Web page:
Interpretation

Commented with abundance by Félibien, this work has the value of a manifesto for what some, from the XIXe century, called "Classicism". For two centuries, painters, designers and engravers followed one another to study it.

This painting is not only in correspondence with a literary work, because the political events of the year 1661 modified its reading: in fact, the day after Cardinal Mazarin's death on March 9, the monarch announced his decision to rule alone. Louis XIV explained this in his Briefs, writing (or having someone write): "It was not in my best interest to take subjects of a higher quality. Above all, I had to establish my own reputation, and make known to the public, by the very rank I took, that my intention was not to share my authority with them. ”In this context of effective seizure of power and redistribution of“ ranks ”, the painter's work took on a particular meaning: was he not the emblematic figure of the allegiance that everyone, in particular the former rebels, owed henceforth grant a young king brilliantly asserting his full and entire sovereignty?

Piece to be added to the thick file of the "two bodies of the king", this painting participates in the process of "civilization of manners" which would soon transform the unhappy gentleman who became a courtier into a being in perpetual quest for self-control, an imitator of a sovereign who affected "the seriousness of a king of the theater" to use Primi Visconti's expression: a few years later, in the early 1670s, describing court manners - "the most beautiful comedy in the world" - , this Italian observer of Versailles noted that in public, the king was "full of gravity and very different from what he is in his particular. Finding myself in his room with other courtiers, I have noticed several times that, if the door happens by chance to be opened, or if he goes out, he immediately composes an attitude and assumes another facial expression, as s 'he was to appear on a theater; in short, he knows how to be king in everything [...] Since he reigned, he has never been seen angry, and he has never sworn once ”. This discipline applied to oneself was part of a balance of power that now made the monarch the sole regulator of tensions and "passions". In his Briefs, Louis XIV presents himself on numerous occasions as a sovereign of reason, a neostoic king, master of his gestures, his feelings, his actions: "Provided that the rest of my actions made known that, in order not to reason to no one, I did not govern myself less by reason. "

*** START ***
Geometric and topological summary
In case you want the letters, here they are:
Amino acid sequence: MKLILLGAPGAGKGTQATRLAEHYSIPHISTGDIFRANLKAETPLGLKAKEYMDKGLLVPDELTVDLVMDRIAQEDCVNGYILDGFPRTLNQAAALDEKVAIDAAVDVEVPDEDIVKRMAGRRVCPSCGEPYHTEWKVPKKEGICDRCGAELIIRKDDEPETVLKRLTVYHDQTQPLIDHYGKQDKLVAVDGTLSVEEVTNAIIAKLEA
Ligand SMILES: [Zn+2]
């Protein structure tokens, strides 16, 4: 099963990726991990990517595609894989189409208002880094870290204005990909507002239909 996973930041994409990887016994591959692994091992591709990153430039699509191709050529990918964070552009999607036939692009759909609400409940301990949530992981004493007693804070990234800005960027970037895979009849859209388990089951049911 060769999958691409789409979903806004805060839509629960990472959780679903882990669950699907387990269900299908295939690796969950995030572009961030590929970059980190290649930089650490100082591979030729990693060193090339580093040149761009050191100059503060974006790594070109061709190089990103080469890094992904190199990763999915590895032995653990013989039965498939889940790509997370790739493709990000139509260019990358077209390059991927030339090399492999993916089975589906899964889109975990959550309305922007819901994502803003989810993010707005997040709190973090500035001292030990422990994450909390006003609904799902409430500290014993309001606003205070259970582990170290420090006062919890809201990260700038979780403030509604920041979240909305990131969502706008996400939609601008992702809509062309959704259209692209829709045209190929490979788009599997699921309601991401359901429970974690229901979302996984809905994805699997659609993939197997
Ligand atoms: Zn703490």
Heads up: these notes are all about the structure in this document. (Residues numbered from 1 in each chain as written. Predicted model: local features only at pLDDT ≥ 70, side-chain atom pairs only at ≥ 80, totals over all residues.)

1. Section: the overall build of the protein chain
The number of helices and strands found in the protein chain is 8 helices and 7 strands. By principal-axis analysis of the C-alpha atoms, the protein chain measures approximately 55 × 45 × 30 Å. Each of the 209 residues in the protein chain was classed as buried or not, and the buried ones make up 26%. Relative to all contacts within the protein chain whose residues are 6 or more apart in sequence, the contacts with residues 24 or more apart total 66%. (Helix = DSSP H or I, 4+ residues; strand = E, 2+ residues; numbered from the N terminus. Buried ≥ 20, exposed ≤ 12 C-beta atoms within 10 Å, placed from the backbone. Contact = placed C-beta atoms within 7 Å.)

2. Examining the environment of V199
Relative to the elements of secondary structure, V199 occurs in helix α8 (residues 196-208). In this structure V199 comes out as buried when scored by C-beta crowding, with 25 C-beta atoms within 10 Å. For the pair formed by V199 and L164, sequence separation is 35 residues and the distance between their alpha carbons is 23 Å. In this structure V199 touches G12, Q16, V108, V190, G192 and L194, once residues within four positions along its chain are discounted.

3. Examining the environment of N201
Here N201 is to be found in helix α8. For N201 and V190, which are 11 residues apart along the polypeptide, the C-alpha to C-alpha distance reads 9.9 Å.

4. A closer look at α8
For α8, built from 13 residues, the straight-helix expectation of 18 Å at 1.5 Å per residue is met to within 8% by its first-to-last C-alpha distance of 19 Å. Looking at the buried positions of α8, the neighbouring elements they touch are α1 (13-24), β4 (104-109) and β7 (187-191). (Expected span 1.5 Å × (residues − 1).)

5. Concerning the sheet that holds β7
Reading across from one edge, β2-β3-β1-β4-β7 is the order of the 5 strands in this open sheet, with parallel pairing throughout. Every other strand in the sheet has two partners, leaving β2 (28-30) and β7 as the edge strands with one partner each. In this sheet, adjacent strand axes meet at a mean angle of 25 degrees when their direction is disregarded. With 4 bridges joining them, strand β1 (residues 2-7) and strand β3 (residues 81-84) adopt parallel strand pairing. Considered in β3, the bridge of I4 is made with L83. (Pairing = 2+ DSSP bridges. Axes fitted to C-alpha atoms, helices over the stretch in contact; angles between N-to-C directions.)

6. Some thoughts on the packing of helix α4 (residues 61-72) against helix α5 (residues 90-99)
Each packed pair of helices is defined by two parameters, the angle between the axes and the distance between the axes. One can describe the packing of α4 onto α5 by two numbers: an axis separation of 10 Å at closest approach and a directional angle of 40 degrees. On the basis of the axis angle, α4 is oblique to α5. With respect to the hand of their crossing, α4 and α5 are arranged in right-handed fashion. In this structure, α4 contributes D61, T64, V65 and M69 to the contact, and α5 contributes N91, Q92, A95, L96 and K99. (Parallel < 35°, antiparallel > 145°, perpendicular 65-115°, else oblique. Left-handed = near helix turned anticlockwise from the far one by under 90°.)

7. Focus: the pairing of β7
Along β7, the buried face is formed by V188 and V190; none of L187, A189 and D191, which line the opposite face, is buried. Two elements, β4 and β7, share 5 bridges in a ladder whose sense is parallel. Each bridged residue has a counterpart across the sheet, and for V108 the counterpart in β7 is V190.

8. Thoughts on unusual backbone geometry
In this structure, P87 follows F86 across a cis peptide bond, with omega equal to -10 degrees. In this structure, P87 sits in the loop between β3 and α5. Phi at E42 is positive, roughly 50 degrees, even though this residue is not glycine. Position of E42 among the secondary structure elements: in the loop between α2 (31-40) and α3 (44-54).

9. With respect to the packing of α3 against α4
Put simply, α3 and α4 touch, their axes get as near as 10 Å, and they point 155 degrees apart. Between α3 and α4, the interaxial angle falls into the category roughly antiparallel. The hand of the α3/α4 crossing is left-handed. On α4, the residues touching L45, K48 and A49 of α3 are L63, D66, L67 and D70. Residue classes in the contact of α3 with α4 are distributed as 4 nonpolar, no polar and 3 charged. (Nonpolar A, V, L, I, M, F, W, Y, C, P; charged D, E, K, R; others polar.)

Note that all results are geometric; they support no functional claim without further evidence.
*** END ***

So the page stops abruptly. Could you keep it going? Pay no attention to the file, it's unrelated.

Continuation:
Charles Le Brun who, with Le Nôtre and Mansart, belonged to the artists called by Nicolas Fouquet to Vaux, became the sovereign's favorite painter after the creation of this painting.

  • Louis XIV
  • myth
  • absolute monarchy
  • allegory

Bibliography

Joël CORNETTE, Chronicle of the reign of Louis XIV, Paris, Sedes, 1997.

Claude NIVELON, Life of Charles Le Brun and detailed description of his works, critical edition and introduction by Lorenzo Pericolo, Geneva, Droz, 2004.

André FÉLIBIEN, The Queens of the Persians at the feet of Alexander, painting of the cabinet du Roy, Paris, at Pierre Le Petit, 1663.

Michel PRIGENT, The Hero and the State in the Tragedy by Pierre Corneille, Paris, P.U.F., 1986.

To cite this article

Joël CORNETTE, "Alexandre in the tent of Darius"


Video: Alexanders Real Letter to King Darius III